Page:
Win $500 to Explore What the World Needs from You
I believe that it isn’t enough to know what you want to give to the world; if you want your life and your work to have real impact, you also need to know what the world needs from you. But when push comes to shove, how do you accurately identify the needs of others? And if you do happen to successfully identify those needs, how do you figure out what is needed from you, specifically? While we’re at it, how do you identify your own deep needs, which can sometimes be mysterious as those of others?
I could spend a lifetime asking, answering, and re-asking these questions, and likely, I will. At least I hope so. Because I have a strong suspicion that asking “What does the world need from me?” is more important than answering it. In my all-time favorite book, Letters to a Young Poet, the brilliant Rainer Maria Rilke writes:
Don’t search for the answers, which could not be given to you now, because you would not be able to live them. And the point is to live everything. Live the questions now. Perhaps then, someday far in the future, you will gradually, without even noticing it, live your way into the answer.
At Echoing Green’s Work on Purpose program, we decided to collaborate with Hillel's Ask Big Questions and turn Rilke’s question exploration ethos into a challenge.
Tell us how you would spend $500 to live the question “What does the world need from you?” Would you attend a conference on an issue you care about such as poverty or injustice? Would buy a train ticket to a city you feel called to serve and interview people about their needs? Or perhaps you would go to a monastery and learn how monks live the question in their daily lives?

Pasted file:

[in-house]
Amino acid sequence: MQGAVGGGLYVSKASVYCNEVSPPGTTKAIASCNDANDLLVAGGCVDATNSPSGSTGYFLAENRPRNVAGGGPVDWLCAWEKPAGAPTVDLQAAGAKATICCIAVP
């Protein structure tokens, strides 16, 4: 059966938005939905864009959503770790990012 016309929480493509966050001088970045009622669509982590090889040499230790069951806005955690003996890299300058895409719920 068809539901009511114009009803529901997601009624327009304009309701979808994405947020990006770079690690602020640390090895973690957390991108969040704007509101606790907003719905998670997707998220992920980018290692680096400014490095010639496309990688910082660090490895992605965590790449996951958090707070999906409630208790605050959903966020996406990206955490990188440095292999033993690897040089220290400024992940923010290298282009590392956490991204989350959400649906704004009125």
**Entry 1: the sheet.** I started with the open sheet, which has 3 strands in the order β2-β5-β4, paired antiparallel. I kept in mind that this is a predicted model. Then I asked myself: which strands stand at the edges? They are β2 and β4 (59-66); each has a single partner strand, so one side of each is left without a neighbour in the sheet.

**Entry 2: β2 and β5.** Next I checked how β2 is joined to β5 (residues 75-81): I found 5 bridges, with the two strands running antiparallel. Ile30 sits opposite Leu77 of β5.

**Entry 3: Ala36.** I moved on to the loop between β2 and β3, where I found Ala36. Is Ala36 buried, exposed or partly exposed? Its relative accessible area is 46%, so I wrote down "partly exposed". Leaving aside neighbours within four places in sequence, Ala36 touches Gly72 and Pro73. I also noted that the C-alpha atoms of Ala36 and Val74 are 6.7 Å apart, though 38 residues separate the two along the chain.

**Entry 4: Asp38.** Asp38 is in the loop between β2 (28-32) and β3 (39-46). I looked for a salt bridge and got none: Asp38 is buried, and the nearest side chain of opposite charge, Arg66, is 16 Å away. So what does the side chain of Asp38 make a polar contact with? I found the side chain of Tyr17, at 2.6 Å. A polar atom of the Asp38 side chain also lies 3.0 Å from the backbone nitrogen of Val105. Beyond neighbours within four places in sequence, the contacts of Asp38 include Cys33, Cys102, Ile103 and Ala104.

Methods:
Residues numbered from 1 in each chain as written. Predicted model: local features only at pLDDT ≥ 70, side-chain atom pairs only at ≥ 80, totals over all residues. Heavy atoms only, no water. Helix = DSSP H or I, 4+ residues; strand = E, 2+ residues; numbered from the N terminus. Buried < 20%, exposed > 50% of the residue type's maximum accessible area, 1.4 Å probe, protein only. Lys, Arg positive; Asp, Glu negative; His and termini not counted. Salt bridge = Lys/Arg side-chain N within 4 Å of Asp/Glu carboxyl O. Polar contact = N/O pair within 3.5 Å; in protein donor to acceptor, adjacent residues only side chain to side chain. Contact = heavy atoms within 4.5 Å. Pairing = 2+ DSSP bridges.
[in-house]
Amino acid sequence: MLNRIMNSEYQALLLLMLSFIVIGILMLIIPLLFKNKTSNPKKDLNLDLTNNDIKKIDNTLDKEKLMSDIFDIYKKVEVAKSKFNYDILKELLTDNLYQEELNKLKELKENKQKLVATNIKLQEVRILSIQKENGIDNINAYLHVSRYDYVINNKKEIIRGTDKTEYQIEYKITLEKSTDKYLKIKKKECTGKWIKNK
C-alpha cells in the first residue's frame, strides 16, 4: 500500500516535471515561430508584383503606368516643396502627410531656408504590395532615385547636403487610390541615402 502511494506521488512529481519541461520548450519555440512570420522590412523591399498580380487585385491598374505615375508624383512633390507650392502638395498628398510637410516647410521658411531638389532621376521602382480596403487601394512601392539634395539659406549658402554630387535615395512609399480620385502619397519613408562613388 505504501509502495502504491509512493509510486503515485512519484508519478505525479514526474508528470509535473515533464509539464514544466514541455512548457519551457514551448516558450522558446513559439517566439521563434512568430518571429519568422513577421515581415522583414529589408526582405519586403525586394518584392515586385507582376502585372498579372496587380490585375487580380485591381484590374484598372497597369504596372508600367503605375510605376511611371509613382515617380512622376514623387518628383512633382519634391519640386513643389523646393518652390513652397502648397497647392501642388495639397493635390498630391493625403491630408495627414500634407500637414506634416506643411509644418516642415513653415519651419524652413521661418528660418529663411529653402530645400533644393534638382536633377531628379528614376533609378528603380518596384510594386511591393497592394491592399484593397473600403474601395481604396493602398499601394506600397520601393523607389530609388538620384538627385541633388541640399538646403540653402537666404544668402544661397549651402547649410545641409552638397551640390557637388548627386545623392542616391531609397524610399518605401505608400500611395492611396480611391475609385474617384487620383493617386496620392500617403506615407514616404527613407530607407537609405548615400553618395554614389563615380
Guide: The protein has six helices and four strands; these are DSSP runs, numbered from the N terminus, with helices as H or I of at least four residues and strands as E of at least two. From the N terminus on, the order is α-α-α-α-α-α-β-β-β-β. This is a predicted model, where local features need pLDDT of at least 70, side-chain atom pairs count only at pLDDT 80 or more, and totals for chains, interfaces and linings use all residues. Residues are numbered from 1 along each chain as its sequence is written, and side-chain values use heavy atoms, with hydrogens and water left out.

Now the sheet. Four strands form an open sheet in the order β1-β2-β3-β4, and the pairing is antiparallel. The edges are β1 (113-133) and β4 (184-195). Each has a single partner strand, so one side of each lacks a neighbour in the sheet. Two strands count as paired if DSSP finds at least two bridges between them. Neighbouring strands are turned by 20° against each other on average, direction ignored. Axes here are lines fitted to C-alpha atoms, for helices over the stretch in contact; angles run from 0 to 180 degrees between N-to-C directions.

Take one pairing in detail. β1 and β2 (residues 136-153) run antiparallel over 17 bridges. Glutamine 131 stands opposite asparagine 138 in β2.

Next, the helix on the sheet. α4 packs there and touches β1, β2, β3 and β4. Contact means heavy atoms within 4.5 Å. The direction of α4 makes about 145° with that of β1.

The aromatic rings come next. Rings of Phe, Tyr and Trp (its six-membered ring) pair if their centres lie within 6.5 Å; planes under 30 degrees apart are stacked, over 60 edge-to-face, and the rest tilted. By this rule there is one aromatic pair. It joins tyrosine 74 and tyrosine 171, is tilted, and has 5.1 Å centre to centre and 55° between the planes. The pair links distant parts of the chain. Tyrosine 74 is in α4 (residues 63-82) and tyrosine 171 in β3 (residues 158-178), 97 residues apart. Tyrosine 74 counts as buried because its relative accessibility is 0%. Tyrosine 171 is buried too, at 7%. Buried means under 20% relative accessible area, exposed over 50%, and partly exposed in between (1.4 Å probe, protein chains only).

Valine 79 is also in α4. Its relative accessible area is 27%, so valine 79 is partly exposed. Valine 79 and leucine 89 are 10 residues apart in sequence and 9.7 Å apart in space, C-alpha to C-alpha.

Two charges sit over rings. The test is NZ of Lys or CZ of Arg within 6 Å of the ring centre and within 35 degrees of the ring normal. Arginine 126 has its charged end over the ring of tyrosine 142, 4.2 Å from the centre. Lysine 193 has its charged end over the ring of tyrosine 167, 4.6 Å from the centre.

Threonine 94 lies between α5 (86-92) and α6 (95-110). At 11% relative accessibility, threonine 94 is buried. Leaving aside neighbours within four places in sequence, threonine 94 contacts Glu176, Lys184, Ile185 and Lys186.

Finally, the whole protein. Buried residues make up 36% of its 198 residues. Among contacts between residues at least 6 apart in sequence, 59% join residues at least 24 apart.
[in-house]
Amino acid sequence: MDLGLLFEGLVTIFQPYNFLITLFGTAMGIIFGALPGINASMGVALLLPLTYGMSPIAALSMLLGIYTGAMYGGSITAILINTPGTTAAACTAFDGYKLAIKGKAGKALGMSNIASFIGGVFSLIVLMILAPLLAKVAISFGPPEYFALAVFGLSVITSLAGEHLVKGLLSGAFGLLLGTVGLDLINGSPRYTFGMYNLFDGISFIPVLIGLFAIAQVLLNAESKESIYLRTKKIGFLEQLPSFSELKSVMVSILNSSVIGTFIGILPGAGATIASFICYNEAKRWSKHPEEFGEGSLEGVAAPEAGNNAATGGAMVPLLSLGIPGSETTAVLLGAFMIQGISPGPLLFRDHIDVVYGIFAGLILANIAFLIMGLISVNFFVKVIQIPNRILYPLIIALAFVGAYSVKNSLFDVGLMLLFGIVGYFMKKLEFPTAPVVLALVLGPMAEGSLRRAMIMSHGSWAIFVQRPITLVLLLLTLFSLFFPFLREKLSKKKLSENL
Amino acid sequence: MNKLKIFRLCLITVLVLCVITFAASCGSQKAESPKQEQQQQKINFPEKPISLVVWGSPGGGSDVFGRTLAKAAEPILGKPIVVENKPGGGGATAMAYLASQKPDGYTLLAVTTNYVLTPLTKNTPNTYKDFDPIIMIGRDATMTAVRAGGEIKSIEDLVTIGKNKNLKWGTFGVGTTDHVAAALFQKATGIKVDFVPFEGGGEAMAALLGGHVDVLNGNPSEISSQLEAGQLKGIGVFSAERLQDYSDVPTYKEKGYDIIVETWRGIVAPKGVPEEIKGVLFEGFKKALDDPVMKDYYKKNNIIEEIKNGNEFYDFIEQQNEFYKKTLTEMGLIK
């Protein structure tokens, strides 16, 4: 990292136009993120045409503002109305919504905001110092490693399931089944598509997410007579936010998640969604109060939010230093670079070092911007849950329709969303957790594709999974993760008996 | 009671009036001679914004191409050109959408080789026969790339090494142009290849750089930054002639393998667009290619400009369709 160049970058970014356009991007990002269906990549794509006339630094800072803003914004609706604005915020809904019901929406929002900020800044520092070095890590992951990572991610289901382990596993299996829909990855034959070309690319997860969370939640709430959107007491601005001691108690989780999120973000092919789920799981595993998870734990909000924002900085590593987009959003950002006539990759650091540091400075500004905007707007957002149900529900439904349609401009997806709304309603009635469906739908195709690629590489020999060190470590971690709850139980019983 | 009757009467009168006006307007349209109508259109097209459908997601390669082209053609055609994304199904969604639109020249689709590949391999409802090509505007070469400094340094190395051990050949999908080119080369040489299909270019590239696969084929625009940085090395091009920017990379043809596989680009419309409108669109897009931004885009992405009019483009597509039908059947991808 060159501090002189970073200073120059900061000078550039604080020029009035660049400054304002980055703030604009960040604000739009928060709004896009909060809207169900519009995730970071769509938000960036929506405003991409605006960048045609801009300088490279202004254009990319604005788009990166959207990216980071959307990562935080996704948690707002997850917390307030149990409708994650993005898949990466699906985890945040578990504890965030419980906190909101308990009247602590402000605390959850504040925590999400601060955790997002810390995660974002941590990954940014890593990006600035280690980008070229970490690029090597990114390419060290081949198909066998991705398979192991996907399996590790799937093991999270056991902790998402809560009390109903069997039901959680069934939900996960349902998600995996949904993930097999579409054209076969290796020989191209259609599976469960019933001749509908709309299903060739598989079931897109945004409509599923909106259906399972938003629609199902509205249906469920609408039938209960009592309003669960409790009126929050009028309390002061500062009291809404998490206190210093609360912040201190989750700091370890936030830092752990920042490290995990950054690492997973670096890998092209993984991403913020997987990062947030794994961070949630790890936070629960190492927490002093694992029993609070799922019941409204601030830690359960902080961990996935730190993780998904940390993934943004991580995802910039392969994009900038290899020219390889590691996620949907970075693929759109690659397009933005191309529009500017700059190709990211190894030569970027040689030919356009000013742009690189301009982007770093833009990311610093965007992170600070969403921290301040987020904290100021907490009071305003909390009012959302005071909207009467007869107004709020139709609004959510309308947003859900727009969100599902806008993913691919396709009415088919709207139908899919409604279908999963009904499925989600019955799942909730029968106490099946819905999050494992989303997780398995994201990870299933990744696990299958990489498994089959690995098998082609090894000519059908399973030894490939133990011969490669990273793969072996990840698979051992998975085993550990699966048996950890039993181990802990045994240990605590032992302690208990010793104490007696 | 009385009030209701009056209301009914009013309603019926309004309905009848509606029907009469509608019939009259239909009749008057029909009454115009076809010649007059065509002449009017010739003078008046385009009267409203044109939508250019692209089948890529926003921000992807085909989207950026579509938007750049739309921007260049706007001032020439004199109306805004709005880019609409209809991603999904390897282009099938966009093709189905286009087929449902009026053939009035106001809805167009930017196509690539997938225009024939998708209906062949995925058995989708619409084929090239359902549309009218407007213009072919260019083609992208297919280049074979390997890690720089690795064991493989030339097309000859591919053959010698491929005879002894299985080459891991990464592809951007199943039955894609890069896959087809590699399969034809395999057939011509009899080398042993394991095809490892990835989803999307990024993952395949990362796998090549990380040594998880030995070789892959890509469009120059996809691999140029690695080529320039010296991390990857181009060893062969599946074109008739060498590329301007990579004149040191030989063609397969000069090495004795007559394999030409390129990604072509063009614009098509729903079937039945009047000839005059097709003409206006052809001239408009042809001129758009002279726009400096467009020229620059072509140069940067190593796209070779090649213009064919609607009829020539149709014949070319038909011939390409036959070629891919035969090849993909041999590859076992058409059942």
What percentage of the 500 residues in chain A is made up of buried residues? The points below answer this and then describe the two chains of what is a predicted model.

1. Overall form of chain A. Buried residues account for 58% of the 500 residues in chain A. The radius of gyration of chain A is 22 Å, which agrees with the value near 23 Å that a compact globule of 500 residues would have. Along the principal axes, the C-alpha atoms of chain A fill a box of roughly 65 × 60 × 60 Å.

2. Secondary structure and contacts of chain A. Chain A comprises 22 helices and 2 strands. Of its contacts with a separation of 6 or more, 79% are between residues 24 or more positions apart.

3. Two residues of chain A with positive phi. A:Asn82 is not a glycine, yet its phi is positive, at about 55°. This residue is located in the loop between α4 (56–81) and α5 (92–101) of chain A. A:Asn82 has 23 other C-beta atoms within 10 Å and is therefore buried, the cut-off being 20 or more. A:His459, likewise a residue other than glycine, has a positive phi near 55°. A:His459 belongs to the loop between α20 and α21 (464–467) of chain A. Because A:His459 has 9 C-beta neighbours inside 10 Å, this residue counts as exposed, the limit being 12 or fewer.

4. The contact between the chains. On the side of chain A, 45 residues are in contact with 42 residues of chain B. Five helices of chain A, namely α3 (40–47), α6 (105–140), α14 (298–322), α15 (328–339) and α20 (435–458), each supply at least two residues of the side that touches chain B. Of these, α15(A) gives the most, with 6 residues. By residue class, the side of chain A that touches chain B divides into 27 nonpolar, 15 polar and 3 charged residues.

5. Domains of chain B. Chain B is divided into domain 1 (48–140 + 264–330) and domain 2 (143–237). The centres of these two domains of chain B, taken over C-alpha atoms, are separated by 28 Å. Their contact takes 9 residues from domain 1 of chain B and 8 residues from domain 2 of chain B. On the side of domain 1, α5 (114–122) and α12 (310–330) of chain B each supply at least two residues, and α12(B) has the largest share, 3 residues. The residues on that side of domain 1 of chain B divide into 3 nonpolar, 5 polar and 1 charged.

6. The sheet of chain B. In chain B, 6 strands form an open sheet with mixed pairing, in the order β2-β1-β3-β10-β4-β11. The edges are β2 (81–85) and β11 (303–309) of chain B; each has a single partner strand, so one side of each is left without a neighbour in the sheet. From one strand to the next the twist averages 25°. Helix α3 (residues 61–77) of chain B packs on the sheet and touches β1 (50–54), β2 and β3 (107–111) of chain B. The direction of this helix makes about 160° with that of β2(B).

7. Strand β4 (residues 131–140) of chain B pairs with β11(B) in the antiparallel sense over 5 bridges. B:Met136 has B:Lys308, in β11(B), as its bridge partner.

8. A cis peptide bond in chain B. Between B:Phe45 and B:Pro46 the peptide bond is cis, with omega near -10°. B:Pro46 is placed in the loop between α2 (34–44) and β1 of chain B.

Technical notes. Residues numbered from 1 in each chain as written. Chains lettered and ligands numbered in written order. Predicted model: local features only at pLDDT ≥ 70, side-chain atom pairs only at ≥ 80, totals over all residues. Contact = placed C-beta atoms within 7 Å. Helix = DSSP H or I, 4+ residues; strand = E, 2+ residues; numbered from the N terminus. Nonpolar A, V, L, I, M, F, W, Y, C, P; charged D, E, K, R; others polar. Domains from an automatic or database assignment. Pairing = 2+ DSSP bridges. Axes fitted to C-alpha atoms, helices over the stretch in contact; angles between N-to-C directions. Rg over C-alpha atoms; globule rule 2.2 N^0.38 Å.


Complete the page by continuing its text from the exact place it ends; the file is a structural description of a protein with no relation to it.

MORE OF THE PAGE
Then rally your friends and colleagues to give your submission a "thumbs up." The individual with the most thumbs-up will receive a $500 mini-grant to follow through on their submission. A second $500 mini-grant will be presented to an individual selected by a panel of judges from the top ten highly voted ideas. Go here to submit.
Top Blog Posts
Individually, our ideas and commitment can change lives and communities. But what happens when we go all in together?
Failure can liberate you to reconsider your approach, to innovate, and to carve a new path.
“I didn’t realize that coming to the U.S.-Mexico border, I was coming to a disaster scene.”